In this article, an attempt was made to reflect upon the issues of tribal and nomadic women from Nanded district during the COVID-19 lockdown period. In the context of the Indian society, Adivasi women, from the very beginning, have suffered atrocities, oppression, economic vulnerability and social exploitation. They are overburdened with household chores and livelihood struggles, leading them to suffer, both inside as well as outside the domestic settings. Since 1991, globalisation has attracted/pushed many people, including the tribal population, towards the urban and industrial sector, but this pandemic made them realise that there is no socio-economic security for their life. This pandemic left them stranded without their traditional way of life with nature and without life security in this new global economic structure. The tribal women from migrant families thought earlier that working in modern society with a modern economy would make their life easier and improve their standard of living. Now, they have lost their faith in this uncertain city life. Those who have an alternative will now not return to urban and industrial sectors. Those who have nothing except their labour to survive will return to serve the modern global capitalists.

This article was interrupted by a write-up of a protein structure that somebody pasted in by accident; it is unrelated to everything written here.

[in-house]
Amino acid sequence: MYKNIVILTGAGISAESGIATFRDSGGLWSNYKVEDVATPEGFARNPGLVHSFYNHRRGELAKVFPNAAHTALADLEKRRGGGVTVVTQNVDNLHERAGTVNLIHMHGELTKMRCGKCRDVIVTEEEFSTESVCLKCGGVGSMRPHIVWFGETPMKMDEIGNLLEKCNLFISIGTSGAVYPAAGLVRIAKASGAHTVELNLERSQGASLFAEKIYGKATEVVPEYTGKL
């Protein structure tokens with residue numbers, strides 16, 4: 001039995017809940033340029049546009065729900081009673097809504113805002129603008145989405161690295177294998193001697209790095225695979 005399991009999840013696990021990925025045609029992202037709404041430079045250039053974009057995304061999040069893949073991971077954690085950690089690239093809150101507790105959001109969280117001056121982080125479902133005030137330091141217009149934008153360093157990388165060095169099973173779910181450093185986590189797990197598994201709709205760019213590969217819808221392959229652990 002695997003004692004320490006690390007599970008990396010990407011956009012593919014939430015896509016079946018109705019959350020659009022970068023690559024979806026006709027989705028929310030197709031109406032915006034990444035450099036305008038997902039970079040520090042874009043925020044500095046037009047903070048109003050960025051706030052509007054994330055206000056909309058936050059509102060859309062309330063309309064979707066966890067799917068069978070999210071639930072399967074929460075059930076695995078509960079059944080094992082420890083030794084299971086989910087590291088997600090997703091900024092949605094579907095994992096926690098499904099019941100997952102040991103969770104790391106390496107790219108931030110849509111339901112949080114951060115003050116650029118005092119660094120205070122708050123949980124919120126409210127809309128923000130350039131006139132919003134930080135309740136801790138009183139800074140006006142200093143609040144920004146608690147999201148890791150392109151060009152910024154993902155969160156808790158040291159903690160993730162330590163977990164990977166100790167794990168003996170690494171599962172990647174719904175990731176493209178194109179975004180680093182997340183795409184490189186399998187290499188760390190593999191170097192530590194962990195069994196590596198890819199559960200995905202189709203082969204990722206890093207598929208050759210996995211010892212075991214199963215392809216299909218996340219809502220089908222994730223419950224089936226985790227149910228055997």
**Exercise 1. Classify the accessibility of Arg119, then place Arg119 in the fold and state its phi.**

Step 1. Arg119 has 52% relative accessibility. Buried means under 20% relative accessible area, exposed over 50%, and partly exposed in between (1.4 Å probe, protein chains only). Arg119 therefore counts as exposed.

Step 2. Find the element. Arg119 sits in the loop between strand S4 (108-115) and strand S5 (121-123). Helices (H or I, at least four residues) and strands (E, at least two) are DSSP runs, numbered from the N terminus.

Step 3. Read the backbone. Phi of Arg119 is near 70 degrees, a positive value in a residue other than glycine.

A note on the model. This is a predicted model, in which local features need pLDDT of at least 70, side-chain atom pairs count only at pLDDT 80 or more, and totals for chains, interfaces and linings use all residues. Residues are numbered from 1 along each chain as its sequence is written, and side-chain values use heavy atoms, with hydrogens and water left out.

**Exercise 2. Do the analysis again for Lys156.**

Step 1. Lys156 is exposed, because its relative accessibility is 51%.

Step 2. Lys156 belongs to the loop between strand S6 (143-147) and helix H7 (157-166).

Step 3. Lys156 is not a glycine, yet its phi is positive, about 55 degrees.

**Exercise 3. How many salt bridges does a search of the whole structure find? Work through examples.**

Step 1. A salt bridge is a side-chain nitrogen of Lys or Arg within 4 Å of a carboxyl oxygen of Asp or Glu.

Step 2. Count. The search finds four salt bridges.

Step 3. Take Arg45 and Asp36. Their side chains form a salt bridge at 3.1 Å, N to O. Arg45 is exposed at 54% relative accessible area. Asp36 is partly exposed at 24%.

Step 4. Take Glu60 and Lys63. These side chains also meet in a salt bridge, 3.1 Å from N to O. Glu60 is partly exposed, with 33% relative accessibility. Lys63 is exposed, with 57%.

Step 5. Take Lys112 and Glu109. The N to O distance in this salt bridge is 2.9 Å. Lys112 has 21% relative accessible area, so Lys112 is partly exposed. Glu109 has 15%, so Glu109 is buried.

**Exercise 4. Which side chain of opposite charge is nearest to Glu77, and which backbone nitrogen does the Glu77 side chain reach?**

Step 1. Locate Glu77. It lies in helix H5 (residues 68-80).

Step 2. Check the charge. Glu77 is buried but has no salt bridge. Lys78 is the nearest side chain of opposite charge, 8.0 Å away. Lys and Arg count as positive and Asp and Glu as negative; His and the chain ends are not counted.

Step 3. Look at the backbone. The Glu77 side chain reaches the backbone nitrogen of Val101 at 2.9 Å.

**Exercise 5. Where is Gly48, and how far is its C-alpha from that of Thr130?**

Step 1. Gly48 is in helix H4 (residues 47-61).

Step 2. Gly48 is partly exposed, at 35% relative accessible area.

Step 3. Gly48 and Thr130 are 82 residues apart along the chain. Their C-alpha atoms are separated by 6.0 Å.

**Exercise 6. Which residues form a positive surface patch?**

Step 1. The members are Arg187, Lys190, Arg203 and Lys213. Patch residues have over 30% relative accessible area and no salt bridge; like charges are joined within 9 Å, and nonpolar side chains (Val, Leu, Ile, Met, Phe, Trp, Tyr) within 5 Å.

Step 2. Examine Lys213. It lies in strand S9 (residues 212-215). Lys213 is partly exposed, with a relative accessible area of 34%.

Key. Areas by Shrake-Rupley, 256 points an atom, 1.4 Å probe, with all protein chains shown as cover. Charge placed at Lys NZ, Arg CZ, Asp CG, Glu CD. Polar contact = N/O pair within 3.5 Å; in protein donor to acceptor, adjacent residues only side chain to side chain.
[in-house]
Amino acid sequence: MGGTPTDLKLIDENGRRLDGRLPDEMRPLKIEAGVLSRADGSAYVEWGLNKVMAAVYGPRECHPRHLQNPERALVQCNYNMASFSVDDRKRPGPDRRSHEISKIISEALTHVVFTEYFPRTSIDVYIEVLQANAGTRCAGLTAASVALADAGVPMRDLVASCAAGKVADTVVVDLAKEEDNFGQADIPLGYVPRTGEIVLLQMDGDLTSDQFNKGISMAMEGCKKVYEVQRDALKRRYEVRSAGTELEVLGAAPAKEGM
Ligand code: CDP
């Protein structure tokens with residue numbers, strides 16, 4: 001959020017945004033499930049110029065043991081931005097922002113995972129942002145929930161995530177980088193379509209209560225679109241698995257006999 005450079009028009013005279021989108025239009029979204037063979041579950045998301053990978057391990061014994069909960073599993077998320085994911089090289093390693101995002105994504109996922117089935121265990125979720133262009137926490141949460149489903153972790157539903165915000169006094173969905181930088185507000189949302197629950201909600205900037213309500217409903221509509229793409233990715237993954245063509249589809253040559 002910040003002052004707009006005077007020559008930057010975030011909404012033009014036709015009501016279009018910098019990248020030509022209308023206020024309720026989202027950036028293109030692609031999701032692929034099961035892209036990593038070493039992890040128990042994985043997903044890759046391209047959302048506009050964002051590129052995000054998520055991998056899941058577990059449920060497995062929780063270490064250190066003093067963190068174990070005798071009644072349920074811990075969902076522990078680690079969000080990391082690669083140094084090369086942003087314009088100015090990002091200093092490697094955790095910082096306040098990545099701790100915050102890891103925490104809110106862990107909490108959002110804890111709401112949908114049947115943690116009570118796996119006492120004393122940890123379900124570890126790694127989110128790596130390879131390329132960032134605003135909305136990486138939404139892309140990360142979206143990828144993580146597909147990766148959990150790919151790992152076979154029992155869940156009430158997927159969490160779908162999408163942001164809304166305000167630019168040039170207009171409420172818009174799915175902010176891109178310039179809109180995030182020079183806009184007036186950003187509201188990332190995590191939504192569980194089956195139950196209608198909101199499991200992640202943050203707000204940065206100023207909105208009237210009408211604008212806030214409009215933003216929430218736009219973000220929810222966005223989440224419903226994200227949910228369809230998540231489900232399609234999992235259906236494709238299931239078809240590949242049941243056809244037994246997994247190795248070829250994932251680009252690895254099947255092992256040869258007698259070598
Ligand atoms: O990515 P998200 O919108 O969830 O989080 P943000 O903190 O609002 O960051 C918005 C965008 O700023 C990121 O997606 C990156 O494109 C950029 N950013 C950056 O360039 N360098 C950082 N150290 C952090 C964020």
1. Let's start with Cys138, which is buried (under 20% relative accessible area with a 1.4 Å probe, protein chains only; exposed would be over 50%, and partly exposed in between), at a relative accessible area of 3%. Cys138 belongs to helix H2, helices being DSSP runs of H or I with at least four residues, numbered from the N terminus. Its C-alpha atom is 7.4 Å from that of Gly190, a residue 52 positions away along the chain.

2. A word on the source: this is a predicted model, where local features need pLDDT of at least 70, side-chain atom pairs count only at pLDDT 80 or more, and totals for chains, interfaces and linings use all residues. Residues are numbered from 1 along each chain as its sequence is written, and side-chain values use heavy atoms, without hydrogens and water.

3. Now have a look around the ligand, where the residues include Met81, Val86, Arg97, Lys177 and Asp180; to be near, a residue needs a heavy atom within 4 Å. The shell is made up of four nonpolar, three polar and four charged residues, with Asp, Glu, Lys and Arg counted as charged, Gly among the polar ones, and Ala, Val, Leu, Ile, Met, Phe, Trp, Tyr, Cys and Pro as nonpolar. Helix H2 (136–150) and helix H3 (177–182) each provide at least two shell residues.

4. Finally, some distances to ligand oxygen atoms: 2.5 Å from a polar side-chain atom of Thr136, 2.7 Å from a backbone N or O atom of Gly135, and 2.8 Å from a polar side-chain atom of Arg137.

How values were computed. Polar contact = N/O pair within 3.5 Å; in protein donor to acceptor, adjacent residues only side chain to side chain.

A version of this paper was first presented at the webinar series on Gender Equity and COVID-19 organised by the Women’s Development Cell, University of Mumbai in association with Bhavan’s Hazarimal Somani College of Arts & Science and Jayaramdas Patel College of Commerce and Management Studies on 11 June, 2020. The webinar series was conceptualised by Gita Chadha and Meher Bhoot.